A few weeks ago, my girlfriend was really sick, like, struggling to breathe and shivering uncontrollably sick. The sort of sick that renders a normally autonomous human adult completely unable to take care of themselves. She had come down with the flu — the real flu, that nasty one that turns your entire body against you and leaves you wondering whether it might be better to die than fight on.
Making matters worse is that she fell ill on a Wednesday, which meant that I was faced with an uncomfortable decision: Do I get her some juice, give her some over-the-counter flu medication, a kiss on the forehead and wish her to “get better,” before abandoning her in favor of my corporate responsibilities? Or, do I use one of my sick days to stay home and make sure she doesn’t get worse?
The predicament I was in is a fairly common one. One redditor writes about a similar situation that ended badly for him when he left his girlfriend on a Monday morning to go to work while she was still sick with mono. “We basically argued and I left,” he writes. “I don’t think I’m the asshole, but I see her point. She’s barely able to move and has basically just been in bed crying. And when I strained my back, she took three days off to help me around the house because I could barely walk. But like… I have a job. I can’t spend all my sick days on her.”
His point is a fair one: Most of us, if we’re lucky, are allotted only a certain number of sick days, which means using them to take care of your significant other could backfire. To that end, another woman wrote into a baby blog to air out her frustration over her significant other’s attitude toward having to stay home to take care of her. “He stayed home, but all day long he was was just… really grumpy and mean.” Which, if you’re going to stay home, guilting your significant other while they’re sick is probably the worst way to go about it.
Complicating matters further, according to Amanda Augustine, career advice expert for TopResume, there isn’t a universal rule to determine whether you can stay home to care for a sick partner, so you’ll need to consider your company policy and use your best judgment. “If your company offers paid sick time to its employees, refer to your employee handbook to find out the details of your policy,” she says. “Some policies allow its workers to use paid sick time for various reasons, from caring for a sick family member, to attending routine doctor or medical appointments. If you’re new to the office, be sure to familiarize yourself with the official policies and gather insights from your colleagues, and even your boss, as to what is considered an acceptable use of your sick leave.”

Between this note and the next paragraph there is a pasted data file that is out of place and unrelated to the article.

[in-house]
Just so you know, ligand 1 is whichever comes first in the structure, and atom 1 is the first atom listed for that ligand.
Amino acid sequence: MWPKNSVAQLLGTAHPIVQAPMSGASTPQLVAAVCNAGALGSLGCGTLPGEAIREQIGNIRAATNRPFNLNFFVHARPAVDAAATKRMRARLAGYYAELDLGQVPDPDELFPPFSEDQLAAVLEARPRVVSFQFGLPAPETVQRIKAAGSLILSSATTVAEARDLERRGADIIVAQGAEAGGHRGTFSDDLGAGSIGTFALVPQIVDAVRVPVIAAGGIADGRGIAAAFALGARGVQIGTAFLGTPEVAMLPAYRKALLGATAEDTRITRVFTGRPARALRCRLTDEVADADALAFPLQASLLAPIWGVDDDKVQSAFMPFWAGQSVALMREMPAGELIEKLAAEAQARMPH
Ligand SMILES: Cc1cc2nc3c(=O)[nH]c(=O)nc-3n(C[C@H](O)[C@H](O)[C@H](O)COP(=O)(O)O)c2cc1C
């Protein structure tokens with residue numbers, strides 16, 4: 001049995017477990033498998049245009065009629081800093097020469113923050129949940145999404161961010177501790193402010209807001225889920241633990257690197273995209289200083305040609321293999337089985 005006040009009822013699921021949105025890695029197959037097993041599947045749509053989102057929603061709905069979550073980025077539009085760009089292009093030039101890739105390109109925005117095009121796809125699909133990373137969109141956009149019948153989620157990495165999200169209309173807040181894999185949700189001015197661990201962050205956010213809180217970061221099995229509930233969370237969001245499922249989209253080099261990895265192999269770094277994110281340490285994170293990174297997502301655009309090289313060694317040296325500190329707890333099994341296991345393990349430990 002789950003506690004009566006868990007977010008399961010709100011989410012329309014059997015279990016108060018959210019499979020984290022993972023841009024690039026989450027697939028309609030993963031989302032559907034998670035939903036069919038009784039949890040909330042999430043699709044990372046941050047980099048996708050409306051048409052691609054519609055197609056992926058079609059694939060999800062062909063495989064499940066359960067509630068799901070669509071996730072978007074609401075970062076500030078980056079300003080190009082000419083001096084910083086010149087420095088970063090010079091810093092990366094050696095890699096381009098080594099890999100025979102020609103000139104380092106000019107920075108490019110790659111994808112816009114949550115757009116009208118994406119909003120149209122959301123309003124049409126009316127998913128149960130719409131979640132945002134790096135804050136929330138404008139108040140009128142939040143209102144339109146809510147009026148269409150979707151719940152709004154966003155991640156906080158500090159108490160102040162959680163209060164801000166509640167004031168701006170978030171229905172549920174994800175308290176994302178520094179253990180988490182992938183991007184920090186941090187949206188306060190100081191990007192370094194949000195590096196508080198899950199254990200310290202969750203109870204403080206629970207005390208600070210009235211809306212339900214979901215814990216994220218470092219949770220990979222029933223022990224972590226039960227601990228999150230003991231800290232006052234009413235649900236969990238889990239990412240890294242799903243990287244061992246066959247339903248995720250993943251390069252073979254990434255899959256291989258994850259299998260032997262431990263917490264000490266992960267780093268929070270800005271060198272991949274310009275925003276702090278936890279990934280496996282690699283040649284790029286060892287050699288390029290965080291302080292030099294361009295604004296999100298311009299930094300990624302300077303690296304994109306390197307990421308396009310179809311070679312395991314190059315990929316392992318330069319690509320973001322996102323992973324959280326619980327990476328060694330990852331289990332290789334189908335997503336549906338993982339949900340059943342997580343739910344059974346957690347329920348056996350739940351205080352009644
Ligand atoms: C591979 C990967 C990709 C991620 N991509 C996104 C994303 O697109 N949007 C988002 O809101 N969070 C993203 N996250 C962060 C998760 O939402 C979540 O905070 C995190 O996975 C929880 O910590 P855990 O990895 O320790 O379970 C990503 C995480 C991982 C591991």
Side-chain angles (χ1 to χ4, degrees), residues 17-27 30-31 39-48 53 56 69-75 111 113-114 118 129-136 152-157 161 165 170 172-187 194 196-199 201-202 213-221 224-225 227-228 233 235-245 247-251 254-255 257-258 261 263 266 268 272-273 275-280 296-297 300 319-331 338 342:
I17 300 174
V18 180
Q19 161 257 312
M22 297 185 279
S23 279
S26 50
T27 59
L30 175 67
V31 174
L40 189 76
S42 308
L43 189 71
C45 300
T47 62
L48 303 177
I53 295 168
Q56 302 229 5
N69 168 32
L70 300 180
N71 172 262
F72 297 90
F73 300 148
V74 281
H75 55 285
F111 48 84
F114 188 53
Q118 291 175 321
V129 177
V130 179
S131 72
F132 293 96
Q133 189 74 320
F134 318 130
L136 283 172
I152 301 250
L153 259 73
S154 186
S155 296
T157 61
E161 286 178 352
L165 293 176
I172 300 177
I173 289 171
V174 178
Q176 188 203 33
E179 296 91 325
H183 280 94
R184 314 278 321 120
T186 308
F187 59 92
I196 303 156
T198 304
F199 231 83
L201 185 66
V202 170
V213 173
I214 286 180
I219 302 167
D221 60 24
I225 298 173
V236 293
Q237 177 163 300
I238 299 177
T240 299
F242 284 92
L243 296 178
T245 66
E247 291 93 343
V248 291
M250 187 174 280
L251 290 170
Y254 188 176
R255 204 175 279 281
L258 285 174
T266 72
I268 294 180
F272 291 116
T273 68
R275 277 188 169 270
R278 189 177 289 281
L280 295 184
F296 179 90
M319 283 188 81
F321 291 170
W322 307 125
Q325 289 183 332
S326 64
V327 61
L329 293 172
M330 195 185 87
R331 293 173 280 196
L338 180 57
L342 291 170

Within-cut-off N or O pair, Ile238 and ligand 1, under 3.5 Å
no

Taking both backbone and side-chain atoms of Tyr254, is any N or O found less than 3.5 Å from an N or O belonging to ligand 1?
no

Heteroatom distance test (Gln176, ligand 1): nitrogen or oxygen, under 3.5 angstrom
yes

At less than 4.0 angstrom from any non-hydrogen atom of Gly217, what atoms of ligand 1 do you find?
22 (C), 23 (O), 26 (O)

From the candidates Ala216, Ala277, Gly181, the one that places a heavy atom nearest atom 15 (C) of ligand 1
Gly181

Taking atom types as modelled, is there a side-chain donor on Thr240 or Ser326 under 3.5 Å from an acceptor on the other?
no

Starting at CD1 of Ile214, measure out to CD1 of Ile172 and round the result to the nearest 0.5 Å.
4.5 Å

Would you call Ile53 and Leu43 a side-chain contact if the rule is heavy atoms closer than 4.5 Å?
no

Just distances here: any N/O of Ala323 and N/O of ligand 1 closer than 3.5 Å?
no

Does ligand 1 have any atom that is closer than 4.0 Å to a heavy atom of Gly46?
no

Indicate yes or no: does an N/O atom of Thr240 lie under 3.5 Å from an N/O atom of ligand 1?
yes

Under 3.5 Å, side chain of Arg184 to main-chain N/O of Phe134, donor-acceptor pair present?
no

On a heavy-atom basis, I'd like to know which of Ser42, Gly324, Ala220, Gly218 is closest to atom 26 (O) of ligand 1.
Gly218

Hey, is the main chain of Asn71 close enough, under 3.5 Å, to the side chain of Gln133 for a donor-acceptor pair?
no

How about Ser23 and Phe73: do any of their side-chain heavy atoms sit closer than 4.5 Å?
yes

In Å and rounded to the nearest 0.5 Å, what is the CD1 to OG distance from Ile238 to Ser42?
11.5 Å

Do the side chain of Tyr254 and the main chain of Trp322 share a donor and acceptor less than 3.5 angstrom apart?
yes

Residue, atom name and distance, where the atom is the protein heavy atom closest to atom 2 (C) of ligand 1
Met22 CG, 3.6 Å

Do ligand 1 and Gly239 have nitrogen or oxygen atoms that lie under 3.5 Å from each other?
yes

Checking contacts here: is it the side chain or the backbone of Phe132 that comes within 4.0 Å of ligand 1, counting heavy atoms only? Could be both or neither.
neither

For example, Augustine says that if your company is okay with you using sick leave to care for your partner, ask yourself a few questions to determine whether it makes sense for you to take the time off. “How sick is your spouse?” she asks. “If you left them alone while you go to work, would you be concerned for their well-being? For instance, are they unable to get in and out of bed on their own? Can they safely get to the bathroom if necessary?”
Augustine does tell me that it would be hard to justify staying home if your spouse has the common cold. “But if a stomach virus is wreaking havoc on your family, you may be better off containing the germs and caring for your loved one,” she says. “Remember, your office doesn’t want you bringing those germs into the workplace, either.”
Another alternative, per Augustine, is using your paid time off instead of your sick days, if your company frowns upon using sick leave to take care of your partner. “At the end of the day, you have to do what’s best for your family.” Why? Because employment, in this capitalist system, is temporary, but the wrath of your loved one suffering through Swine flu could sink your relationship forever.